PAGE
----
BTW ours was the first NCT class to have all male children. Quite a few of us are still in contact, and the post natal support is superb. One of my colleagues was in the first NCT class to all have the same sex children - all girls.

Cheers, Paul
 

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Ah yes, the baby plan :D In theory it was great, spent ages preparing one, laminating a further two of them ready for midwives etc, the truth is though that when the time comes it all goes to ratshit! Out of our group, not one kept to any semblance of their plan.

The trip round the maternity ward brings home that this is real. If you get offered the birthing pool, remember to take any kit that needs testing as it's huge!!
Yes the birthing plan should definately be written in pencil! That's actually an important point. don't be alarmed when the 'plan' goes tits up. Birth is such an unpredictable and dynamic process that the 'plan' should be seen more as a wish list. Neither of my childrens births even remotely resembled the ones we'd planned! Good luck!:)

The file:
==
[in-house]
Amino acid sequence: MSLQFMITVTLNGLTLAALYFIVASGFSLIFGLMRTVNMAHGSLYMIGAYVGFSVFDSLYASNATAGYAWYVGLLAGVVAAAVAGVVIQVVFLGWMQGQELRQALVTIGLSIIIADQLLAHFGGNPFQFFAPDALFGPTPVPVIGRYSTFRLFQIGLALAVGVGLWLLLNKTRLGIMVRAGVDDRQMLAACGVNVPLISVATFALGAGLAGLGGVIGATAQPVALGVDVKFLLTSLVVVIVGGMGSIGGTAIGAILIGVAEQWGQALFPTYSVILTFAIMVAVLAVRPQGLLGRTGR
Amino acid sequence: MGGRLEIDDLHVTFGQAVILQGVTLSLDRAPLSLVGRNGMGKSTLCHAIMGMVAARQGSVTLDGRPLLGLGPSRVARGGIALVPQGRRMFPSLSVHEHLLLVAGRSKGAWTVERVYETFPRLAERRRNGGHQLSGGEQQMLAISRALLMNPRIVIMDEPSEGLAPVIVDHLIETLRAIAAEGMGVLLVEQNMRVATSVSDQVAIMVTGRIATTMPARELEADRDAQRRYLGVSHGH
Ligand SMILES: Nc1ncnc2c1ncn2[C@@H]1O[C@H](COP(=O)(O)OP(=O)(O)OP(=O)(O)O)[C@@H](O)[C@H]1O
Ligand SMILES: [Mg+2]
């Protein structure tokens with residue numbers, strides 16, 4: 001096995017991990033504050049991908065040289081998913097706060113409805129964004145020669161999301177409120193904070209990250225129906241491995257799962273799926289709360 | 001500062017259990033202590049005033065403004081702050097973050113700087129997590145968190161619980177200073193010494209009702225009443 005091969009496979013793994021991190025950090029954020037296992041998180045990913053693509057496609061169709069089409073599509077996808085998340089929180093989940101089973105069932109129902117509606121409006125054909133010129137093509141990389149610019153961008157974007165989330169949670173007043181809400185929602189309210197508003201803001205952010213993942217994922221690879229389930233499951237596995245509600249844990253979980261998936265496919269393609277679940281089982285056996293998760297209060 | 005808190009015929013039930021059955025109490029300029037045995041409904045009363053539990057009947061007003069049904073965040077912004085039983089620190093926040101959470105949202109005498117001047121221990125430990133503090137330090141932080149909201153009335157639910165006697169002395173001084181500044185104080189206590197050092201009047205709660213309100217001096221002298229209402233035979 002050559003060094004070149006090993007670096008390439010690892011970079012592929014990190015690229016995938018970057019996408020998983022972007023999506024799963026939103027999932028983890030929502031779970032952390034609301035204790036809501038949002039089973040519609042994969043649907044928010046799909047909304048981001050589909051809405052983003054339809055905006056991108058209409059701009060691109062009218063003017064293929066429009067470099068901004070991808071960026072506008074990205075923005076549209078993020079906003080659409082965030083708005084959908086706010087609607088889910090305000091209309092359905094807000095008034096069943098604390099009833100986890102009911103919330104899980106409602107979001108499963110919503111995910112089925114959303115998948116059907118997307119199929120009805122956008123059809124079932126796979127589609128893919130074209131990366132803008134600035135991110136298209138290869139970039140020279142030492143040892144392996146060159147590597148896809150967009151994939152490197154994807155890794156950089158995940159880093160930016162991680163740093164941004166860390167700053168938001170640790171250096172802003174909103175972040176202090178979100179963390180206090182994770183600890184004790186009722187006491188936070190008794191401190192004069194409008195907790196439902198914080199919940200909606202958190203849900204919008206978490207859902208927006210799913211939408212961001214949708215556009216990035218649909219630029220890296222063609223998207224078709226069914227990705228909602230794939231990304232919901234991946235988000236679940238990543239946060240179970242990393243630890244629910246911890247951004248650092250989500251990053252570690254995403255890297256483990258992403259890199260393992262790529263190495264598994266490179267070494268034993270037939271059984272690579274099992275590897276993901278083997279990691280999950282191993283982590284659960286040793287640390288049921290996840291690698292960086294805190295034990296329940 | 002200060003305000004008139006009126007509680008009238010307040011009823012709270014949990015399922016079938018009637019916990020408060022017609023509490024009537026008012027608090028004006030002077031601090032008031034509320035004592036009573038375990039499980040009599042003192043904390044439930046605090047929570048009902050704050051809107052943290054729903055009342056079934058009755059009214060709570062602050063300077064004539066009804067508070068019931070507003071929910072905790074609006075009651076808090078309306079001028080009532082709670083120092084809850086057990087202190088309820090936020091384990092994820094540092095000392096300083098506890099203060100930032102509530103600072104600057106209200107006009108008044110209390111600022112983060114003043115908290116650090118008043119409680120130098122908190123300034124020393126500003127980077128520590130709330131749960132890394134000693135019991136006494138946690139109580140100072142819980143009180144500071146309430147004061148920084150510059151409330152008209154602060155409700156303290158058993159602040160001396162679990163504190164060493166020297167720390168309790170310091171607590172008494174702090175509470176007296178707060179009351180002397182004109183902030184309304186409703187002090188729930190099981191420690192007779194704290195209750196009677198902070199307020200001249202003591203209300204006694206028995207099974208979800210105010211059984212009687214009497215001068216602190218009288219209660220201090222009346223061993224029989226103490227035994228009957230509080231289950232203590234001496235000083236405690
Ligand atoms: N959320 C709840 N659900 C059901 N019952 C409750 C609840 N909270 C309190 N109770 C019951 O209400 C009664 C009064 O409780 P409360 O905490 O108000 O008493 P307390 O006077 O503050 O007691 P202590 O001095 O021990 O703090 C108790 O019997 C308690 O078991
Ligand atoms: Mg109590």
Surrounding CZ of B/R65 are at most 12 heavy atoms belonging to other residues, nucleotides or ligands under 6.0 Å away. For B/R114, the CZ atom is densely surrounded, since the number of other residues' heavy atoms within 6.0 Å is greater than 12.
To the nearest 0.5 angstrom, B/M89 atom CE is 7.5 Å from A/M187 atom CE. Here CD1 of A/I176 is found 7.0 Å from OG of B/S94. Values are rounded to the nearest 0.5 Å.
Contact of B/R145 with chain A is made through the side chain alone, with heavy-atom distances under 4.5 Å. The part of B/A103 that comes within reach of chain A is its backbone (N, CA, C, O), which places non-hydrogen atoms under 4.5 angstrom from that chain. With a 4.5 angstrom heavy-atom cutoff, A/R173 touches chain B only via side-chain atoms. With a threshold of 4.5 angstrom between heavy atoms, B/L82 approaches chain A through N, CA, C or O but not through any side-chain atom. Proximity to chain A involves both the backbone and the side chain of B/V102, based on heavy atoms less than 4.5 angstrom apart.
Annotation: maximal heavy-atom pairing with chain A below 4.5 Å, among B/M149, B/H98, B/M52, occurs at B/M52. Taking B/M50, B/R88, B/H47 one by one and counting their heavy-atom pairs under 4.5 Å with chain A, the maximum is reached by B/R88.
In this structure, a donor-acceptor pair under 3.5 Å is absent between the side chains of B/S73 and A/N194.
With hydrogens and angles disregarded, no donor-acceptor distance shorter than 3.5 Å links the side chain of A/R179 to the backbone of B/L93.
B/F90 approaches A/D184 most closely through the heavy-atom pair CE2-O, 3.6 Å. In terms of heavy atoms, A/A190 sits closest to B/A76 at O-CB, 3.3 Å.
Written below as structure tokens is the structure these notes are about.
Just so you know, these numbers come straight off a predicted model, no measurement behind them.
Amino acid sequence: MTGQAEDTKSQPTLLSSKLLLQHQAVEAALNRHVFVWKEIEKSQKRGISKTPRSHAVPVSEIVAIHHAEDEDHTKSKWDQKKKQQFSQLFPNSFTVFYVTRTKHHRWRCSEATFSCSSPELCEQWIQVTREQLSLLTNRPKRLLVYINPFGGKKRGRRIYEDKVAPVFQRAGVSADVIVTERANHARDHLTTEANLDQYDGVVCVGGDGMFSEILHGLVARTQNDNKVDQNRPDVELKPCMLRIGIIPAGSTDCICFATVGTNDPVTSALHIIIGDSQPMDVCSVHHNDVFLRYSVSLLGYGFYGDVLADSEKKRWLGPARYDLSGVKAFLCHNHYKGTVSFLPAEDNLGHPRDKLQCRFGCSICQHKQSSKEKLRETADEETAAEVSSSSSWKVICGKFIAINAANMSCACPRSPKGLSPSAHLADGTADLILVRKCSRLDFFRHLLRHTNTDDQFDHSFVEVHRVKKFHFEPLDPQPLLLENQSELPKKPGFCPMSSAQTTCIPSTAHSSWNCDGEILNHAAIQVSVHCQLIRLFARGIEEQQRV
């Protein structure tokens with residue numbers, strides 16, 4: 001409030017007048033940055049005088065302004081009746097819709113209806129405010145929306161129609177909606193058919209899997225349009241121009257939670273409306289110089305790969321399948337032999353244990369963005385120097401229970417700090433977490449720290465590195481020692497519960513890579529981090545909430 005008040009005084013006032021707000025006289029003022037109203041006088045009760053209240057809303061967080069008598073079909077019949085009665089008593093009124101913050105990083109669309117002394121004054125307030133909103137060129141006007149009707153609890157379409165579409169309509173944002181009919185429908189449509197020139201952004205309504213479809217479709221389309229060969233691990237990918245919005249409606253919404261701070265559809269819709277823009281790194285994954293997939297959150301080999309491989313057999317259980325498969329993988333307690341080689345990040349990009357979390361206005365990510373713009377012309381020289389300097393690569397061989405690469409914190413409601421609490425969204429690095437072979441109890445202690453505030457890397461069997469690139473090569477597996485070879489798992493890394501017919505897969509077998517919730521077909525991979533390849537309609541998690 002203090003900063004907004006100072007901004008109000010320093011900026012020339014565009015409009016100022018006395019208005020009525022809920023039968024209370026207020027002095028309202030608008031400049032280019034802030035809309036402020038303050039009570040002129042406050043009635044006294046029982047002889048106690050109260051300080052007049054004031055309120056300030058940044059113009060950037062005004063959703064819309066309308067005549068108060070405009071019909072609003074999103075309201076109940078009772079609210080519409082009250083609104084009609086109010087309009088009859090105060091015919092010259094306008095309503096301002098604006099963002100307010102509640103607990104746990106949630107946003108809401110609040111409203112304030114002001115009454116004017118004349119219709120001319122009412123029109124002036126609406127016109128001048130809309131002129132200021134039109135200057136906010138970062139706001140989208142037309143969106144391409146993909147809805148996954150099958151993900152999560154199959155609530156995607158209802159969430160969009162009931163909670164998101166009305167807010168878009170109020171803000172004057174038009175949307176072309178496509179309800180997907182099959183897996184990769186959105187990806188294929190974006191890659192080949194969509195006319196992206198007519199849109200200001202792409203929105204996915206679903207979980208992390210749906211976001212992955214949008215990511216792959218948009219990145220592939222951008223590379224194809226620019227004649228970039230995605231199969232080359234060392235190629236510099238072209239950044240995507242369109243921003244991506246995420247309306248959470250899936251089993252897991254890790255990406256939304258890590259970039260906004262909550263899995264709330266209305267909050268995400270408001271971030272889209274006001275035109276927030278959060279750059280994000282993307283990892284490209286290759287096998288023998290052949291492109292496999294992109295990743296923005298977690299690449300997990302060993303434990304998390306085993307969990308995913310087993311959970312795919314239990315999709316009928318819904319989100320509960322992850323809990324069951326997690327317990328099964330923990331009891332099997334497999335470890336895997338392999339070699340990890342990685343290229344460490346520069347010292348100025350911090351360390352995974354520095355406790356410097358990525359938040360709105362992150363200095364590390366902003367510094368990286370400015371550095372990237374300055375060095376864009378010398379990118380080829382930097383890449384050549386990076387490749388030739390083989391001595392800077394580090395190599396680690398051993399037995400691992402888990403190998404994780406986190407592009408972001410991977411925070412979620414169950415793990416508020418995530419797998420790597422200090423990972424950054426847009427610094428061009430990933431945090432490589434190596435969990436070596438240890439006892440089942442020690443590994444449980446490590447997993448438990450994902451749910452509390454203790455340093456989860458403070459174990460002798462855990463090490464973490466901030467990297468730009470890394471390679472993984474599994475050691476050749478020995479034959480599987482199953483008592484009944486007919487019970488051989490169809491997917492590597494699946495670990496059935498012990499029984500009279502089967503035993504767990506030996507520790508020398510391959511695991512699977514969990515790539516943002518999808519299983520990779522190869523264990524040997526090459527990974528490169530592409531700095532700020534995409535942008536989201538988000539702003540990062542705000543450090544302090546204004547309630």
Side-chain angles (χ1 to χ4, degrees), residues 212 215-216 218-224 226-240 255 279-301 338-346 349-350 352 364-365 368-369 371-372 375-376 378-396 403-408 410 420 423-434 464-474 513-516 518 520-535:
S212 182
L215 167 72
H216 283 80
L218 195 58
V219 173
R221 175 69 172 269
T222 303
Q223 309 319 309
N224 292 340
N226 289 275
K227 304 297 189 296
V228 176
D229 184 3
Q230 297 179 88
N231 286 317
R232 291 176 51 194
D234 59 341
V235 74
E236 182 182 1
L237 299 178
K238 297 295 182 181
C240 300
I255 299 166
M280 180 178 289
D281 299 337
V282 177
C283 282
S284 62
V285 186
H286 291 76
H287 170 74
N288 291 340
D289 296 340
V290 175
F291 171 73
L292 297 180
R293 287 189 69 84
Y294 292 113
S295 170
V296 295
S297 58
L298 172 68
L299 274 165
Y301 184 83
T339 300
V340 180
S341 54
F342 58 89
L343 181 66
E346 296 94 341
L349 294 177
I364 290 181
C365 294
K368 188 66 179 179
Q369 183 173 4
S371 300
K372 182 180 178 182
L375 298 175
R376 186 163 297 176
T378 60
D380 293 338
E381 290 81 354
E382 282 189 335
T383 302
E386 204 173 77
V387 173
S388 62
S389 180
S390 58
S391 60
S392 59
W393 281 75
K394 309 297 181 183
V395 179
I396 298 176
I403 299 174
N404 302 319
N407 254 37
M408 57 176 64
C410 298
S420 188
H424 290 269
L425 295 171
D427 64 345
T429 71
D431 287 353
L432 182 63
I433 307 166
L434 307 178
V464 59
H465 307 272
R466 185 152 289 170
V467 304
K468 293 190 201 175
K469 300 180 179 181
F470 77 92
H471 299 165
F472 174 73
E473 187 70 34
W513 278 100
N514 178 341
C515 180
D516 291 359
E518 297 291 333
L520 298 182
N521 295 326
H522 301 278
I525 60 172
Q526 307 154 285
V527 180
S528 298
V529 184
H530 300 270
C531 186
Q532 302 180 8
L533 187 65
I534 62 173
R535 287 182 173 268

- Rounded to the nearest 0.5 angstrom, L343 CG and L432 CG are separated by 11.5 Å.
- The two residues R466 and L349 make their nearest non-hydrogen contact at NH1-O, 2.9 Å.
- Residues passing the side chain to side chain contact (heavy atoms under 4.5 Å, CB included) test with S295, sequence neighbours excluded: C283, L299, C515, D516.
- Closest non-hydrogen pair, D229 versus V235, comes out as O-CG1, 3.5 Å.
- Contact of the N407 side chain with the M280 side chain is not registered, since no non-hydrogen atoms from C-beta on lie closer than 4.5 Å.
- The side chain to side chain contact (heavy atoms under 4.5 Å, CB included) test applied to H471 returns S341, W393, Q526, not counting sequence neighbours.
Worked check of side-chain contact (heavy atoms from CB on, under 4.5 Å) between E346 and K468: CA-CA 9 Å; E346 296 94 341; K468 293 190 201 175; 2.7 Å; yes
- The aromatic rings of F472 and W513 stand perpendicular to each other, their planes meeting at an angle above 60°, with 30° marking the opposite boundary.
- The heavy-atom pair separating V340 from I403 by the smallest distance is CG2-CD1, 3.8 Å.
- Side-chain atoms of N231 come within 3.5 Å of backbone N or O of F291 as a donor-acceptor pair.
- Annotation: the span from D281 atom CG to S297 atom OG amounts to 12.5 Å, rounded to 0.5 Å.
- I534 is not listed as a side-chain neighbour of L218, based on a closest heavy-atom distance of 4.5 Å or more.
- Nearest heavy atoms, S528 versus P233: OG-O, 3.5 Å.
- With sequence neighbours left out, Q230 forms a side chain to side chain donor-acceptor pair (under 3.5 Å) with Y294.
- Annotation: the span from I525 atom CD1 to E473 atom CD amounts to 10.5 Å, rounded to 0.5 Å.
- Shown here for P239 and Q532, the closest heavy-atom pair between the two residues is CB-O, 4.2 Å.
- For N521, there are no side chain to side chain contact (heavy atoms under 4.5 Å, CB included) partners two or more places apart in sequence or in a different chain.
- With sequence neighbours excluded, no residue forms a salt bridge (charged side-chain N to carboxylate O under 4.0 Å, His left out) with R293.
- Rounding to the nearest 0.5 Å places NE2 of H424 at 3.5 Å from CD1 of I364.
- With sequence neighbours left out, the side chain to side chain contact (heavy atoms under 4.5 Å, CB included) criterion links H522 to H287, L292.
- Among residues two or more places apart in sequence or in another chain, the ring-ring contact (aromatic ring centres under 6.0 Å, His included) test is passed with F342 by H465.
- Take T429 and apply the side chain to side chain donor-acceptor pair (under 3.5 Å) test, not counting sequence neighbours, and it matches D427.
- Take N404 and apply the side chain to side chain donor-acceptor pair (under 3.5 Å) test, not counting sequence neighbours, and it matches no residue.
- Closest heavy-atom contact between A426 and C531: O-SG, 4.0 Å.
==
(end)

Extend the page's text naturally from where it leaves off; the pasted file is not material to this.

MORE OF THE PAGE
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Nct

Worth going along, useful stuff.

It is very focussed on the big day, not much on what to do once you are at home and on your own. Feeding, pooing, and then how to look after the baby. ;)

Buy lots of baby books, disgaree, and do what you think is best

Birth plan went out of the window, wife tried to inflict a lot of pain on me during the birth process-so fathers need access to entonox. Try to use the big birth pool, take a mask and snorkel. Maybe even teach a lesson. :)